Besides that, it was a very pleasant float down the river. The scenery was beautiful, and the views from the river are really special. We were able to go in for a swim fairly early on, which was a bit cold at first, but enjoyable. Later, we were invited to body surf a set of (very minor) rapids. Eric chose to do so, but the rest of us stayed in the boat. The few other rapids we encountered weren’t much to talk about – fun, but nothing serious. The wind was a favorable factor for those of us who weren’t rowing – it wasn’t nearly as blazing hot as it might otherwise have been.
We were probably on the river for 2-3 hours. At the end of it, all the guides were completely wiped out. Unfortunately for them, they had to continue along the river with the folks who were on the afternoon excursion. Will told us that he was thinking about cancelling it, because it wasn’t necessarily safe for them to be paddling in those winds, as tired as they all were at that point. But, based on conversations with the guides from the other excursion companies, they apparently decided to continue, because they were already on the river as we drove away in the bus.
Because of the wind, we got to the take-out somewhat later than normal, so we were worried that we might have missed our connection to our 4X4 excursion. As it turned out, we didn’t have to be concerned. As soon as I got off the bus, a guide was asking the bus driver if he knew who was scheduled to be on the 4X4 excursion. I said, “That’s us!” It turned out that we were the only ones on the excursion – hooray for a private tour!
After we gathered ourselves a bit, we all hopped into the vehicle (somewhat ironically, it was a Ford Excursion), and he took us first to the park for lunch. As we ate our sandwiches, we learned a bit about our guide Mike. He was fascinating, and an endless fount of knowledge and opinions about the desert, as well as numerous other topics.
Mike started off by taking us along Highway 313, the road we took yesterday to get to Corona Arch, passing the mysterious Department of Energy site as we turned off Highway 199. He told us the whole story, about how Moab was originally founded as a uranium mining company. The site we now see is one of the nation’s largest Superfund sites, to clean up the uranium and prevent it from getting it into the Colorado River (which, by the way, supplies a great percentage of Southern California’s drinking water – you can draw your own conclusions about that).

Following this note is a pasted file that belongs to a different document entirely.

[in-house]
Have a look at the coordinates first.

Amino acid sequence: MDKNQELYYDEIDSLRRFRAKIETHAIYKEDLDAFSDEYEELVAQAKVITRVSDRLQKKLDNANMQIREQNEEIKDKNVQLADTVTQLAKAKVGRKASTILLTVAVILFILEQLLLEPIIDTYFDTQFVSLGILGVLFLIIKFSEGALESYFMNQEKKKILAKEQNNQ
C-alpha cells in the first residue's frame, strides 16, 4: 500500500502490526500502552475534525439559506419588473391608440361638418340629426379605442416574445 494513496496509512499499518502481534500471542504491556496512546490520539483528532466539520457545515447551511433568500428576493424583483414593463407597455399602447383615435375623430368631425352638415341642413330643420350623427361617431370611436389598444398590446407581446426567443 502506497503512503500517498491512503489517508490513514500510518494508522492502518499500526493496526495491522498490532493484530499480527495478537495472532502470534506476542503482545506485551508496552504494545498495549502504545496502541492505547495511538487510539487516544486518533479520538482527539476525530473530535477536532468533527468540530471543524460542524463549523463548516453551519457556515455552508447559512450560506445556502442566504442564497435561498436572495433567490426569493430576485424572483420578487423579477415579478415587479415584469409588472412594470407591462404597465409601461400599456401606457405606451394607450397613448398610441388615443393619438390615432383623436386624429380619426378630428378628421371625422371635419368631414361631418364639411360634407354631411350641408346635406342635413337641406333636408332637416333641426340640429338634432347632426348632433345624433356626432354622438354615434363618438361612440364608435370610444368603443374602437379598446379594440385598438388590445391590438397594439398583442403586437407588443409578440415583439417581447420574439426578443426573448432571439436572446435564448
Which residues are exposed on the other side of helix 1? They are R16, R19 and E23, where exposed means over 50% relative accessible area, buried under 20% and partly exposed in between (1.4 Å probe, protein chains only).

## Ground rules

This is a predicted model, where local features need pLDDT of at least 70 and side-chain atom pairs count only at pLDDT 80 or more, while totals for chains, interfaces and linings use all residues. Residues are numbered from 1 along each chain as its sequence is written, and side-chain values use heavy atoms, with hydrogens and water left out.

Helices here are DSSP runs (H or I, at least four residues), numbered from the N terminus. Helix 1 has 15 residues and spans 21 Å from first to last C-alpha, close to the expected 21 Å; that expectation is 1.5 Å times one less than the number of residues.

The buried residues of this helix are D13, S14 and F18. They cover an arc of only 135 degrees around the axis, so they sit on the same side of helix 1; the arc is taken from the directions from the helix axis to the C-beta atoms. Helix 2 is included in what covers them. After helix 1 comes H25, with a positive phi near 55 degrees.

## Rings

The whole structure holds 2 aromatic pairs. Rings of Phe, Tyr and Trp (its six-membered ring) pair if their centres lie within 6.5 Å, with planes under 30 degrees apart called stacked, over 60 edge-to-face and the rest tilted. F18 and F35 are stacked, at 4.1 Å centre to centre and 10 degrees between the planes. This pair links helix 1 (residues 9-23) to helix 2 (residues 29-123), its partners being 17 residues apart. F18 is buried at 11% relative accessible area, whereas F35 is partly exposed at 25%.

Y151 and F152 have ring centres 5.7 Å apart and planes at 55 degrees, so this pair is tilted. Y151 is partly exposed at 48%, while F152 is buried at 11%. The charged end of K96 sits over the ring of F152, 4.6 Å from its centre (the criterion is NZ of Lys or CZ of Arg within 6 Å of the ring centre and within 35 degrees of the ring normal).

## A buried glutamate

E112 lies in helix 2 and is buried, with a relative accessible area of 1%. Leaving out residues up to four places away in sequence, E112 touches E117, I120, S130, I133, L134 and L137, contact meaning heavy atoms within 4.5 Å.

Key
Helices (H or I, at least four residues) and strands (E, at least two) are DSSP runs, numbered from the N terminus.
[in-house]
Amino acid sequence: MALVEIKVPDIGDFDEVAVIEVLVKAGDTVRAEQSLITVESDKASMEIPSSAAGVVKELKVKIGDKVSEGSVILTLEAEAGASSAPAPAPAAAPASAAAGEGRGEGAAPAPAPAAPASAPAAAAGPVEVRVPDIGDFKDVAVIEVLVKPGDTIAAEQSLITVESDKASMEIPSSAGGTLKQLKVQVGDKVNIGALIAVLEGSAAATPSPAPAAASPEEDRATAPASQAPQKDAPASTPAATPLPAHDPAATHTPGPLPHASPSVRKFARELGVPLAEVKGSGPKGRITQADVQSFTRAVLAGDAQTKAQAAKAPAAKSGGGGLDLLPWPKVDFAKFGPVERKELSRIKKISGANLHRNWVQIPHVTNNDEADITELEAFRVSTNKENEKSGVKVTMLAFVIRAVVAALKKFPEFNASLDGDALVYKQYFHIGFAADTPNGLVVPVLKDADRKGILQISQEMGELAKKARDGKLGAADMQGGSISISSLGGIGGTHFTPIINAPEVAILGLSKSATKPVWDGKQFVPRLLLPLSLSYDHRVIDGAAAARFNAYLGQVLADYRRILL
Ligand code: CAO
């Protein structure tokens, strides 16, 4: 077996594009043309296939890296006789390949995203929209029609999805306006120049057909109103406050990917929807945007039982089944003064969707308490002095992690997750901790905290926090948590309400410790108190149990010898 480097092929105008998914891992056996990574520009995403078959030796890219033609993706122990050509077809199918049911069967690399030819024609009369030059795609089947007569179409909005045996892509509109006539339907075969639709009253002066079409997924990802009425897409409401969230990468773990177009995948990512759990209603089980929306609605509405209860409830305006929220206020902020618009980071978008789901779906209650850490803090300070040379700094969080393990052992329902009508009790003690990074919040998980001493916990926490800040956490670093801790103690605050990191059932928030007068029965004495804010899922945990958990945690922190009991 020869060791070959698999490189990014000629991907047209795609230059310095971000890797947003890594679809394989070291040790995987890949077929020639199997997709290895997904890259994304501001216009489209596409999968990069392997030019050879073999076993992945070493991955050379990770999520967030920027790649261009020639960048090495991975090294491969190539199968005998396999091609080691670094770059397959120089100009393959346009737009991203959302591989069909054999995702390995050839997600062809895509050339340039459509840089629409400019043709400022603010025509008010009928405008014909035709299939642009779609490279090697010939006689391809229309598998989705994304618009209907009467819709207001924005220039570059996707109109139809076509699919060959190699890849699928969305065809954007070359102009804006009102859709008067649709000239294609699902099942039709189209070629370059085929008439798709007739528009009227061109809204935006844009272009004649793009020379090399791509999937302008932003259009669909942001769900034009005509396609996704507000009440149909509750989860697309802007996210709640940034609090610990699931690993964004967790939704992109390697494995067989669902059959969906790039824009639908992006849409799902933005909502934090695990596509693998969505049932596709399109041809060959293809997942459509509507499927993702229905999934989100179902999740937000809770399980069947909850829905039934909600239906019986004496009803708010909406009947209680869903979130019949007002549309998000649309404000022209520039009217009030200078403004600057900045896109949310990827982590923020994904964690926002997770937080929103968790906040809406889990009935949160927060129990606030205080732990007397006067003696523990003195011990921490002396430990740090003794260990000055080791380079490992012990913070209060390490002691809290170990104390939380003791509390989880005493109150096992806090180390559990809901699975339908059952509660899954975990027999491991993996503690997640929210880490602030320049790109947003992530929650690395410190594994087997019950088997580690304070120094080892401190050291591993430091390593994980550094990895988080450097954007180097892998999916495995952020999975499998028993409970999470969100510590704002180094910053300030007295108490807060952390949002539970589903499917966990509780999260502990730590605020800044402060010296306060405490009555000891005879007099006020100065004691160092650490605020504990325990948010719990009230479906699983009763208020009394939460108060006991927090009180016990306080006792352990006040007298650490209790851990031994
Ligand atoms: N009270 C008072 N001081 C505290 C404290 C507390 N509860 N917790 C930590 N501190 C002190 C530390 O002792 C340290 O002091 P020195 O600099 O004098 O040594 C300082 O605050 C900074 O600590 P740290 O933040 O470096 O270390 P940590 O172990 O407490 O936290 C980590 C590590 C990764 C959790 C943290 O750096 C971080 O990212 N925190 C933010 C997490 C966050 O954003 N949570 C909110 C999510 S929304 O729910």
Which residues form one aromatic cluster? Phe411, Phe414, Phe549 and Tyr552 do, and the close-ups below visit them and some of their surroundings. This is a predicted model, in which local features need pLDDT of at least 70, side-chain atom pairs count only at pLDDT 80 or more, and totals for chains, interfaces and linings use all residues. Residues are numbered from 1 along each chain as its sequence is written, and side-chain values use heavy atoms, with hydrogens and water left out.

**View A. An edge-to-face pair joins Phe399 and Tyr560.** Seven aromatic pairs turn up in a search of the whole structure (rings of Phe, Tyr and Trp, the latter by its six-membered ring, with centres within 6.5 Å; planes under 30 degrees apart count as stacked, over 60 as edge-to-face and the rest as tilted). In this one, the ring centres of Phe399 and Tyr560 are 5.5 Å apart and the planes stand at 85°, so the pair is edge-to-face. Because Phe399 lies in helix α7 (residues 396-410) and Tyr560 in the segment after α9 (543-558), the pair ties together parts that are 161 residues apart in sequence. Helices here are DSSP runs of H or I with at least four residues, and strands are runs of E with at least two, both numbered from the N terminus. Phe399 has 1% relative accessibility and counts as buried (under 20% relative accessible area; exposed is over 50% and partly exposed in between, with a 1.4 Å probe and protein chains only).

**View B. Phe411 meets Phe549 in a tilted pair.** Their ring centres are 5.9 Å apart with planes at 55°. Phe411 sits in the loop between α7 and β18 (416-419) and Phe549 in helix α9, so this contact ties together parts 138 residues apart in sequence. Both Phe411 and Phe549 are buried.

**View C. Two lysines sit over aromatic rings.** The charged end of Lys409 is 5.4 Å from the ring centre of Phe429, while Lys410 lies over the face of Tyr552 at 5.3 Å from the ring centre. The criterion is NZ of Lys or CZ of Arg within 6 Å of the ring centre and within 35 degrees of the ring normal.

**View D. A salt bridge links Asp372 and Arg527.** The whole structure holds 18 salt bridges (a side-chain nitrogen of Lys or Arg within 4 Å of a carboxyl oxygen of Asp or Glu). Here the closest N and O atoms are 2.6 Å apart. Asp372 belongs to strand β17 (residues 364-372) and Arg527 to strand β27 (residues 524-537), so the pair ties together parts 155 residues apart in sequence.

The paved road basically ended when we got to the potash processing plant. Mike shared his fascination with the potash mining process, and we quickly became equally intrigued. A few miles up the road (after nearly being nailed by one or two semis on the gravel road) we were treated to views of the potash drying fields, which were a spectacular crystal blue. Mike explained that on a windless day, the ponds are mirrors of the surrounding canyons, which gave us yet another reason to regret the wind.
Mike explained the geology of our surroundings in great detail as we drove through beautiful canyons and vistas. We stopped at one vista called “Thelma and Louise Point”. Indeed it was the site of the final scene in “Thelma and Louise”. Just above us was Dead Horse Point, which we had decided to skip yesterday. The story behind the name is really troubling.
We continued along the gravel road, crossing a couple of dry creeks that Mike explained are very, very dangerous when there are flash flood conditions. He had a lot of really great search-and-rescue stories, which he was happy to share with us as we drove. We entered Canyonlands National Park about midway through the trek, though there was little change to mark our change in status, other than the fact that there was a small privy there. We continued along and soon came to a high cliff and then proceeded to climb it – the road becoming a series of narrow, steep switchbacks to bring us to the ridge.